FC: What drew you to telling this particular story? It's not a very popular war story.
RM: I kind of grew up with this Bangladesh story around me, and I don't know why yet. I need to figure out why I grew up with that. It's always been part of my subconscious — maybe because of people. I've always found it a fascinating war because it's the one episode in world history where I think war is somewhat justified. I think most wars are not justified. I think we don't need to go to war — there are better ways to resolve problems. But I think in this case, what we did was just phenomenal by not becoming bystanders. There are no innocent bystanders. We weren't innocent bystanders. We went in and did what we had to do to solve a genocide problem. That's the right way to do it. When you help somebody, you don't go there for your own gain. You go there because you have to help somebody. It's very Gandhian, it's very simple. That's always been a very important war, and it feels conflicting. I'm not very pro-war, but this war, I'm very pro. When the story came to me I realised I couldn't let go of the opportunity. Also, a tank battle — we haven't seen one in India.
FC: How did you approach the portrayal of Brigadier Balram? Can you take us through your preparation for the role?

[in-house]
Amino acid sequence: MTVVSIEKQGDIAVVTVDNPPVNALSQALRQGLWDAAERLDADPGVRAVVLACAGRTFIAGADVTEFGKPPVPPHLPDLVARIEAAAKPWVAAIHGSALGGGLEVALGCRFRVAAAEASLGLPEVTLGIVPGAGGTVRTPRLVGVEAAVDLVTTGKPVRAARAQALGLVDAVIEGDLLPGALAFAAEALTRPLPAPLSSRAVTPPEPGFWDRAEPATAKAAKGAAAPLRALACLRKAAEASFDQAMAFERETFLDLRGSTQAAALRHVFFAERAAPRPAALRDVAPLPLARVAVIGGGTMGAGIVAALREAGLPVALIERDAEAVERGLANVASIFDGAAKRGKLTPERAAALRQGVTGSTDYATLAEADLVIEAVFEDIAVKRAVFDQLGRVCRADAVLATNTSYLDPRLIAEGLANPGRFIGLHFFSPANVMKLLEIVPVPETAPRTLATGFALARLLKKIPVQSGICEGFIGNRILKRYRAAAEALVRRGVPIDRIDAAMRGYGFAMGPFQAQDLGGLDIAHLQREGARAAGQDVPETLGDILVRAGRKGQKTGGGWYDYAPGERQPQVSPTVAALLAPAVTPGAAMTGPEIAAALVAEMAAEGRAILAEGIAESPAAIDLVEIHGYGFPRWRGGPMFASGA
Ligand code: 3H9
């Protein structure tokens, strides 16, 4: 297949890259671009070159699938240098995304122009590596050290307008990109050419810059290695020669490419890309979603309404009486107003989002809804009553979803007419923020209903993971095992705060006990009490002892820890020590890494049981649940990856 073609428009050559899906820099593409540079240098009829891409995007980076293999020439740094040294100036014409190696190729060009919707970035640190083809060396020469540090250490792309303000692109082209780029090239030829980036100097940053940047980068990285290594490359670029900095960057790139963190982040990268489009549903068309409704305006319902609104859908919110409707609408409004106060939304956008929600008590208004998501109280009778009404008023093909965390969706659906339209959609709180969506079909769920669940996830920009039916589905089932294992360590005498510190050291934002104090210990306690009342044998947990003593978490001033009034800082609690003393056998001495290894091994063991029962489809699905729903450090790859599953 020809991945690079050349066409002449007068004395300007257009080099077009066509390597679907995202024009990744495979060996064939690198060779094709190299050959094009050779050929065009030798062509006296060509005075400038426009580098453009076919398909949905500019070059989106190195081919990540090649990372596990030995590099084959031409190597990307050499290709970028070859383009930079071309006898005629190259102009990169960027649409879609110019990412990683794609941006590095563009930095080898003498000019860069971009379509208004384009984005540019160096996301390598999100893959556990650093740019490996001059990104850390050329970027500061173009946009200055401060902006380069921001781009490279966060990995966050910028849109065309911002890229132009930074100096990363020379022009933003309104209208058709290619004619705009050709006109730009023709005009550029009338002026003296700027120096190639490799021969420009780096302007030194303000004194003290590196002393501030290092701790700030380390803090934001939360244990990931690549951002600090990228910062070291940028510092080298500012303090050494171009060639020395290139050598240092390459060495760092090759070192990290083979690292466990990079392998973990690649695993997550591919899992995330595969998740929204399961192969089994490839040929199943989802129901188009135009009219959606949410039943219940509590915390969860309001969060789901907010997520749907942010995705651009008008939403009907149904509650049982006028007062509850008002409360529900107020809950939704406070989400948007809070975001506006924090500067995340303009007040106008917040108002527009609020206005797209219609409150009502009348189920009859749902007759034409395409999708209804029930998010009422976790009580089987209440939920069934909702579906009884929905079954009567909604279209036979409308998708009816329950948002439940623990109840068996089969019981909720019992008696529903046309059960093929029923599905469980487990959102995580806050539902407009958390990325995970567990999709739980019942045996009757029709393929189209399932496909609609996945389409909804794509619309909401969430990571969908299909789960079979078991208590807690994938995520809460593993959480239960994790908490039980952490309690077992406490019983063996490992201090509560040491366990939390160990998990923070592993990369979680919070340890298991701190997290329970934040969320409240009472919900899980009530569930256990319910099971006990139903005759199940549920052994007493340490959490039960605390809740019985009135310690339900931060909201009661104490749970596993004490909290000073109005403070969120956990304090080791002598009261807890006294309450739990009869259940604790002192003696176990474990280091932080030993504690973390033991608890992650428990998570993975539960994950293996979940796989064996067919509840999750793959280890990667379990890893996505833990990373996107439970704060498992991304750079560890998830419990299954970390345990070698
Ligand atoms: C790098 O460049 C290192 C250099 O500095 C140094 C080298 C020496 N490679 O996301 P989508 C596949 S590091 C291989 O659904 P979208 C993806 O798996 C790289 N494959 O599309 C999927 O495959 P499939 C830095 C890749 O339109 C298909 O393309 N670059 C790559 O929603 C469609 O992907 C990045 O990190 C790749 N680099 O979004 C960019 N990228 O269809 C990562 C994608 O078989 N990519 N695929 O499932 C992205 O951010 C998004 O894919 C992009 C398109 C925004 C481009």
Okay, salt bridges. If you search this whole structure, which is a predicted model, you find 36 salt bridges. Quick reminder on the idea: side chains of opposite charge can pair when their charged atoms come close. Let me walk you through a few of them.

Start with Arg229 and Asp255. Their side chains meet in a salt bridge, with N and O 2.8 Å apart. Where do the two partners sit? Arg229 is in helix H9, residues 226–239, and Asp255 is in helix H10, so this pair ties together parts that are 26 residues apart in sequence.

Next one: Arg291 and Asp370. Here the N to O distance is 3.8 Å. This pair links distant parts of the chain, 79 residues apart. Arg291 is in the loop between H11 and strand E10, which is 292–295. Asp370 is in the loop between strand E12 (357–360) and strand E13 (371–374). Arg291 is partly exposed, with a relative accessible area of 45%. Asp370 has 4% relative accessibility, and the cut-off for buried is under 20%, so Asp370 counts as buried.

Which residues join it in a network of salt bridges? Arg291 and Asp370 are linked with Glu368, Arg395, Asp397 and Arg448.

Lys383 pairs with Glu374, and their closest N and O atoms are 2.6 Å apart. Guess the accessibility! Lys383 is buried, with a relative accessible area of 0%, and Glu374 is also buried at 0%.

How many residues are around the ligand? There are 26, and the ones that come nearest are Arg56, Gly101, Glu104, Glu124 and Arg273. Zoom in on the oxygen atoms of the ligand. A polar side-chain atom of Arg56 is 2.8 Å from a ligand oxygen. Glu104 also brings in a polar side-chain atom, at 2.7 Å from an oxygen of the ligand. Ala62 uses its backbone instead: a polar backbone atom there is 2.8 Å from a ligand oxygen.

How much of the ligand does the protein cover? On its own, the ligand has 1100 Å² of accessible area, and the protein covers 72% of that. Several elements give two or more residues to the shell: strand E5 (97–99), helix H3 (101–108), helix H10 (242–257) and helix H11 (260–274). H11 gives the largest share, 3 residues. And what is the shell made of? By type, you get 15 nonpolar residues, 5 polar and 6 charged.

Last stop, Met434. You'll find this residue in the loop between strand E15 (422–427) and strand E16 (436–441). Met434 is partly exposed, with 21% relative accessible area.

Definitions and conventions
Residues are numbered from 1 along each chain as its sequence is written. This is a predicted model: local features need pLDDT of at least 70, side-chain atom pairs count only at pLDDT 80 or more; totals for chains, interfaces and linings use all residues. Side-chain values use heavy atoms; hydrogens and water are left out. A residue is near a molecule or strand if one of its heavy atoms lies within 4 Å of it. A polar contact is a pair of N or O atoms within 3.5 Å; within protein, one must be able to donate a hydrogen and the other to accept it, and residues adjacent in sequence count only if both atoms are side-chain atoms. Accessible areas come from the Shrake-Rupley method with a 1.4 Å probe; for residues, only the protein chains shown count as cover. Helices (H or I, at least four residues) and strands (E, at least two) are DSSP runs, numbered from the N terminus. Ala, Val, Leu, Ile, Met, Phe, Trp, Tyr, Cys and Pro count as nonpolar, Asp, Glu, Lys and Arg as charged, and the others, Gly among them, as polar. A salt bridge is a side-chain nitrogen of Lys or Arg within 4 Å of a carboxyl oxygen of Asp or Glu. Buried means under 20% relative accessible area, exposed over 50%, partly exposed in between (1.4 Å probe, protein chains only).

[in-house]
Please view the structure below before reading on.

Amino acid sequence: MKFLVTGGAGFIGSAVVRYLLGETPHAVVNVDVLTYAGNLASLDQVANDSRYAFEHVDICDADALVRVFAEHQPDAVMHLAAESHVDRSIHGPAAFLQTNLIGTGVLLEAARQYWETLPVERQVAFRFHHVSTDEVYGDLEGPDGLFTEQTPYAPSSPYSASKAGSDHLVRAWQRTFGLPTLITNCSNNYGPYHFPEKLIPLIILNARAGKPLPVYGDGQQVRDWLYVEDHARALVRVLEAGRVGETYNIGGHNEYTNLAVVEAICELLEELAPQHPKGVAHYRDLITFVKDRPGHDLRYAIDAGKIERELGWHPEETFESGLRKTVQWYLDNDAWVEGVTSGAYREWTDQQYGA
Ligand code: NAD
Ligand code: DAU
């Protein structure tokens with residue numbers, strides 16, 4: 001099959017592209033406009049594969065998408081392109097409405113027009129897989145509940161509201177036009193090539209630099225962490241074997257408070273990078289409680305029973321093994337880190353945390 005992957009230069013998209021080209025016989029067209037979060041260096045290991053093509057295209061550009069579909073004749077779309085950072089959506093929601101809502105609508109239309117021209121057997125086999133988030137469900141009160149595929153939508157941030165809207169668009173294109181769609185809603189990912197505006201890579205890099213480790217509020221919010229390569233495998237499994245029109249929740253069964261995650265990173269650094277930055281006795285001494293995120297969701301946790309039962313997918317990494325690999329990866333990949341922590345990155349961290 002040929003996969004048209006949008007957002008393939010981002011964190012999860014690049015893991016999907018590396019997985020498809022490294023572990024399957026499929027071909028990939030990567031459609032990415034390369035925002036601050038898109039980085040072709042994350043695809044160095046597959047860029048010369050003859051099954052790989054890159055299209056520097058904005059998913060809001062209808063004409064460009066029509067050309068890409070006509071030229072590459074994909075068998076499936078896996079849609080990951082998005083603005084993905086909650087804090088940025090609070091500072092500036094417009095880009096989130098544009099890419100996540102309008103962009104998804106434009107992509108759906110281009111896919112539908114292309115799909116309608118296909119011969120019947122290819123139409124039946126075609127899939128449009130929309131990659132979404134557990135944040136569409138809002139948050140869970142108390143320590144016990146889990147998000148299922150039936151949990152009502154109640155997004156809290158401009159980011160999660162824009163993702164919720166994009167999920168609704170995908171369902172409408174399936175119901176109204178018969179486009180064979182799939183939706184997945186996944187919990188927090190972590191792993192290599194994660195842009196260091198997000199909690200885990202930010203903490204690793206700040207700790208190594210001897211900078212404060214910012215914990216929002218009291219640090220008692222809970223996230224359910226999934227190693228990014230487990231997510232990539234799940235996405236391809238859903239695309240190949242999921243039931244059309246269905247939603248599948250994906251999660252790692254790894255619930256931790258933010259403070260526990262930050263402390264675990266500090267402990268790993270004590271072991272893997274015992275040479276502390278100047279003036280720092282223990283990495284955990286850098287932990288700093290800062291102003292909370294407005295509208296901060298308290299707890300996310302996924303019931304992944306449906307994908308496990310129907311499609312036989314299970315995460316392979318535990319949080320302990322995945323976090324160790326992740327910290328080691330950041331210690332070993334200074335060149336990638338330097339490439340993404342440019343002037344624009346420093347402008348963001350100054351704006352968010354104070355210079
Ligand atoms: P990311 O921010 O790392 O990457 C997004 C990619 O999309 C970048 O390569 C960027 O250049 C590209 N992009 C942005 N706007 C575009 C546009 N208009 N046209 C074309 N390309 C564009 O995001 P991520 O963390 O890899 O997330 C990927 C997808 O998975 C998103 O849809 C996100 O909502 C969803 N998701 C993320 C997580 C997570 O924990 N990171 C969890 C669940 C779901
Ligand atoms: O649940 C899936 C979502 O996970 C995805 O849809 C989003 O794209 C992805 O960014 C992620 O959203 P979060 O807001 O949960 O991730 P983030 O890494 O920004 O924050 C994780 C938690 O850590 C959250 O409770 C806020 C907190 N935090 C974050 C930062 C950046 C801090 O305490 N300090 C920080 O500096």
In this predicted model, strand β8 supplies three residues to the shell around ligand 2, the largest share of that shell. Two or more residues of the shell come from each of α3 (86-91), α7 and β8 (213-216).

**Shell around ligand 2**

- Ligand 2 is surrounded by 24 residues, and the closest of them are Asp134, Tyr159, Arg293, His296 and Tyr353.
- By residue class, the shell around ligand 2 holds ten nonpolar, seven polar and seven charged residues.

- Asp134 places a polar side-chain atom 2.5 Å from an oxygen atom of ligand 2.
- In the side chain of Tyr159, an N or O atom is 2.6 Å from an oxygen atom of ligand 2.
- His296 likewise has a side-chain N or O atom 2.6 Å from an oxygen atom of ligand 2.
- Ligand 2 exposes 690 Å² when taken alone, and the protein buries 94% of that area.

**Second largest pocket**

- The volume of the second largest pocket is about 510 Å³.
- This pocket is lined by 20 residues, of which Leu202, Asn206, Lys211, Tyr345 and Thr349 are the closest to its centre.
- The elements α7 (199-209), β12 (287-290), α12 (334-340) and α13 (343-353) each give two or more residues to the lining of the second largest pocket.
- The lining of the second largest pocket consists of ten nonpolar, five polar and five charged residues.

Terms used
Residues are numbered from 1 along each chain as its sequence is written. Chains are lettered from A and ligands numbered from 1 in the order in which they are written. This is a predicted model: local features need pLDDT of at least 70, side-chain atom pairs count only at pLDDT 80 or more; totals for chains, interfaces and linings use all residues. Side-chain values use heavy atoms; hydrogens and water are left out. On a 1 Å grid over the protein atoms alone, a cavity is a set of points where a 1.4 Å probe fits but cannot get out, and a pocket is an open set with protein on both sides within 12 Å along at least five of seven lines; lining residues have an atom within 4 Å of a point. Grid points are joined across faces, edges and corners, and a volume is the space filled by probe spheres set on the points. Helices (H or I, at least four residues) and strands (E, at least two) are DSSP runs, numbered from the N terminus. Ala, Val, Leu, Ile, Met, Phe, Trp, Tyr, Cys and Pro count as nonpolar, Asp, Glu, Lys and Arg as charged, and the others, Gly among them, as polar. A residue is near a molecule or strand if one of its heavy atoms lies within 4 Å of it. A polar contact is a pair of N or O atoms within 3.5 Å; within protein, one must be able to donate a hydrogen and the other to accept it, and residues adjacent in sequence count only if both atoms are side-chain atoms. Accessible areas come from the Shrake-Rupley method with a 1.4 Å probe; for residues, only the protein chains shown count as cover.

IK: We had Brigadier Balram Singh Mehta, (who was) very actively involved with us. It was a boon for us to have a guiding force. I had a few interactions with him. He has great wit, and sense of humour, and has insane energy for somebody who's now in his mid 70s, but has seen so much, (and) was a true hero of this war. Then we went on to do our second part of preparation. Once we started physical prep, we went on to do two army training camps. They were about four to five months apart because we had COVID, delays, et cetera. But the first camp that we got to do was in Suratgarh in Rajasthan, and we were there for about seven days. About six or seven of our cast members, some of them didn't make it to the final film, but we all went there as a troop, and they grilled us. They put us through the wringer. We were doing all kinds of physical training, and at night we would dine like officers. They taught us all about the tank. We luckily had the PT-76 at the time, because when we went for our first training course, we went to the 45th Cavalry, the regiment that we represent in the film. … This is the first film that represents the Blackberries, the armoured corps. We took that very seriously. We put in the work. We did a second session with them in Ahmednagar right before we started shooting.